You have a tired crew and you plan to anchor for the night. Will the headland provide enough shelter? James Stevens answers your Questions of Seamanship
Will a headland provide enough shelter?
George is returning to the Solent from a West Country cruise in his 11m yacht.
It has been a tiring trip in a fresh northeasterly across Lyme Bay but now, in late afternoon, they are past Portland Bill and the sea is calmer.
George has decided to anchor for the night in Chapman’s Pool, a pretty bay nestling under the cliffs which run east-west.
The pool is open to the south west, on the eastern side is the headland St Alban’s Head, which George reckons will give protection from any east in the wind.
The pilot book confirms that conditions should be calm in the present wind direction and on arrival the bay only has a couple of anchored yachts and provides a calm refuge from the wind.
George finds a spot to anchor having checked the chart and the tidal height, ensuring he has sufficient depth at LW.
No one on board has any phone signal so George listens to the Coastguard forecast at 1930. For his area it is northeasterly 4 to 6 becoming southeasterly.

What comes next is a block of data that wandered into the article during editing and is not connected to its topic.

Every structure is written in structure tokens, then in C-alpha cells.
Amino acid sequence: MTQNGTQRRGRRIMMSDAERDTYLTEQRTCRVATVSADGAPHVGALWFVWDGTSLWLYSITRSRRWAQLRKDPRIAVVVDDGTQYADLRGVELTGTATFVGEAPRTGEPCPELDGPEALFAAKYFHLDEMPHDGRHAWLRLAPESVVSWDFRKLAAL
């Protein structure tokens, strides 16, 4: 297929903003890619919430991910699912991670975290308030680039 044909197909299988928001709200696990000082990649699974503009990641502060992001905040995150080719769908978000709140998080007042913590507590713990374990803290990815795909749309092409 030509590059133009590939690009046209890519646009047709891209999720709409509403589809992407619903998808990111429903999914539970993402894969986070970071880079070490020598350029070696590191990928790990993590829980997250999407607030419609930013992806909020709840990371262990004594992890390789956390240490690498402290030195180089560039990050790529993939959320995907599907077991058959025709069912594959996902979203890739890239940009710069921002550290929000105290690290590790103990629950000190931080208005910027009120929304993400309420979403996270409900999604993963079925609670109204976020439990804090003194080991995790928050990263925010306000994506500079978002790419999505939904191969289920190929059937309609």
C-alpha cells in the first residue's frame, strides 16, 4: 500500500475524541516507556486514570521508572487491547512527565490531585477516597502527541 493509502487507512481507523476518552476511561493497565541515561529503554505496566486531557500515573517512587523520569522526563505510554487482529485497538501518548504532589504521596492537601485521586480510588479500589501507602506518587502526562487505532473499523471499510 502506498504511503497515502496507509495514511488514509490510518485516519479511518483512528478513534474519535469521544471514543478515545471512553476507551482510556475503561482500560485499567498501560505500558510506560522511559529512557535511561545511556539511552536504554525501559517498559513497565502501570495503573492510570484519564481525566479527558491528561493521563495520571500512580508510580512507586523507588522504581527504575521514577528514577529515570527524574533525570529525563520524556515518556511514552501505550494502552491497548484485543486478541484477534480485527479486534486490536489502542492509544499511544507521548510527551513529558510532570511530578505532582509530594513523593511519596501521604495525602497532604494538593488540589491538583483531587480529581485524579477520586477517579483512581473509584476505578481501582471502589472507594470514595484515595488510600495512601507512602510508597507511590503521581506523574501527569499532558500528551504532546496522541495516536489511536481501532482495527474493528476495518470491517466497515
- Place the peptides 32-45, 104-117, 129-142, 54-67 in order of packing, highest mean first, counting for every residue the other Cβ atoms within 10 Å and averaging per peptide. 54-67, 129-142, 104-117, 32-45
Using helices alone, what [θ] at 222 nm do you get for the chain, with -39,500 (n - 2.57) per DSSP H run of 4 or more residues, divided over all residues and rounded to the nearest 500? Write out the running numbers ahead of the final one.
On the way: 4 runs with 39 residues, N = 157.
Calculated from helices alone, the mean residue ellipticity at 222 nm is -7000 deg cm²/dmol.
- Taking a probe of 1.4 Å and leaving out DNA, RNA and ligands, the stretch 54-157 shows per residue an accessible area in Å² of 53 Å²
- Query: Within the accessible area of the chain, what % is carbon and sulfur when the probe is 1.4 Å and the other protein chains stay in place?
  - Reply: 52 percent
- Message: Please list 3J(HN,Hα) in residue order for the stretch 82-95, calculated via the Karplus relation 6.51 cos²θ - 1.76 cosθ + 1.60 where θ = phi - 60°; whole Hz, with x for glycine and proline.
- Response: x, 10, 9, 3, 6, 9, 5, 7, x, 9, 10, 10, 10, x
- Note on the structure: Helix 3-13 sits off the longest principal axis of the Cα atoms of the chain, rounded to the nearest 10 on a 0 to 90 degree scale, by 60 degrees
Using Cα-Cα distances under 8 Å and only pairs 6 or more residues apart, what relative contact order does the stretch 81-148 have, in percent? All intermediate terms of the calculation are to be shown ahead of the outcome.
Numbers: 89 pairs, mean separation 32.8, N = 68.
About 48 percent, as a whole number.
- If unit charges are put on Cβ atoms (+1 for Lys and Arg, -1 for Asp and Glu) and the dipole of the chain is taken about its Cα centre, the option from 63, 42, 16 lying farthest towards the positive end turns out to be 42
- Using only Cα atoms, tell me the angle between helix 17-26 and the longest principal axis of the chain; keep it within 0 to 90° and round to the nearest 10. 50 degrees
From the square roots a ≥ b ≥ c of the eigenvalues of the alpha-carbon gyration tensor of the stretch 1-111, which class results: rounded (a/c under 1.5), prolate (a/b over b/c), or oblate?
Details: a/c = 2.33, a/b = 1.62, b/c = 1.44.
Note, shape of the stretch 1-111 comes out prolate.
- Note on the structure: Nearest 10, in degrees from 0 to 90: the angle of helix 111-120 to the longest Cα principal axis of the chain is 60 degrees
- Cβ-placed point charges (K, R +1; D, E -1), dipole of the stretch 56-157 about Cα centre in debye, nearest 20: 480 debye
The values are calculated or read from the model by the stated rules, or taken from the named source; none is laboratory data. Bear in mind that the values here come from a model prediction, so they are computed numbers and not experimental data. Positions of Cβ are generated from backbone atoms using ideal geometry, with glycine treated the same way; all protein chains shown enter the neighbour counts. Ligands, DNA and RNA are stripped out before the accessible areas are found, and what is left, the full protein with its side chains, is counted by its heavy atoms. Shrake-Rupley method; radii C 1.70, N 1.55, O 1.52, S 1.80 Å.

The tidal stream, which runs at 2 knots, has just turned back towards Weymouth and Portland harbours which are 14 miles away.
To the east, Poole is 12 miles. All offer sheltered moorings.
Is this wind shift going to feel uncomfortable or will St Albans Head protect them?
Would it be better to rally the tired crew and leave, in which case should they go east or west?
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As soon as the wind moves to the south, Chapman’s Pool is going to be uncomfortable.
A bay facing south is always going to be a difficult anchorage in any wind direction from the south. St Alban’s Head will make some difference in a southeasterly but not enough to give a quiet night.
It would probably be safe enough but trying to sleep would be difficult.
So George is faced with telling his tired crew that if they continue for a little longer they will eventually get the quiet night’s sleep they crave.
Ideally, they would continue on their journey to Poole but this involves more windward sailing against a strong tide.
It may be possible to find a back eddy close to the cliffs but it’s going to be an unpleasant tiring trip as night falls.
The crew are not going to have any enthusiasm for waiting until late for the tide to turn to the east.
Weymouth/Portland is downwind and down tide and is achievable in a couple of hours. Even a tired crew can handle a short sail on a broad reach.
So my choice would be the easy trip back to the west.
In hindsight, George should have noticed the wind veer in the forecast before he attempted Chapman’s Pool. Obtaining a forecast before anchoring is vital.
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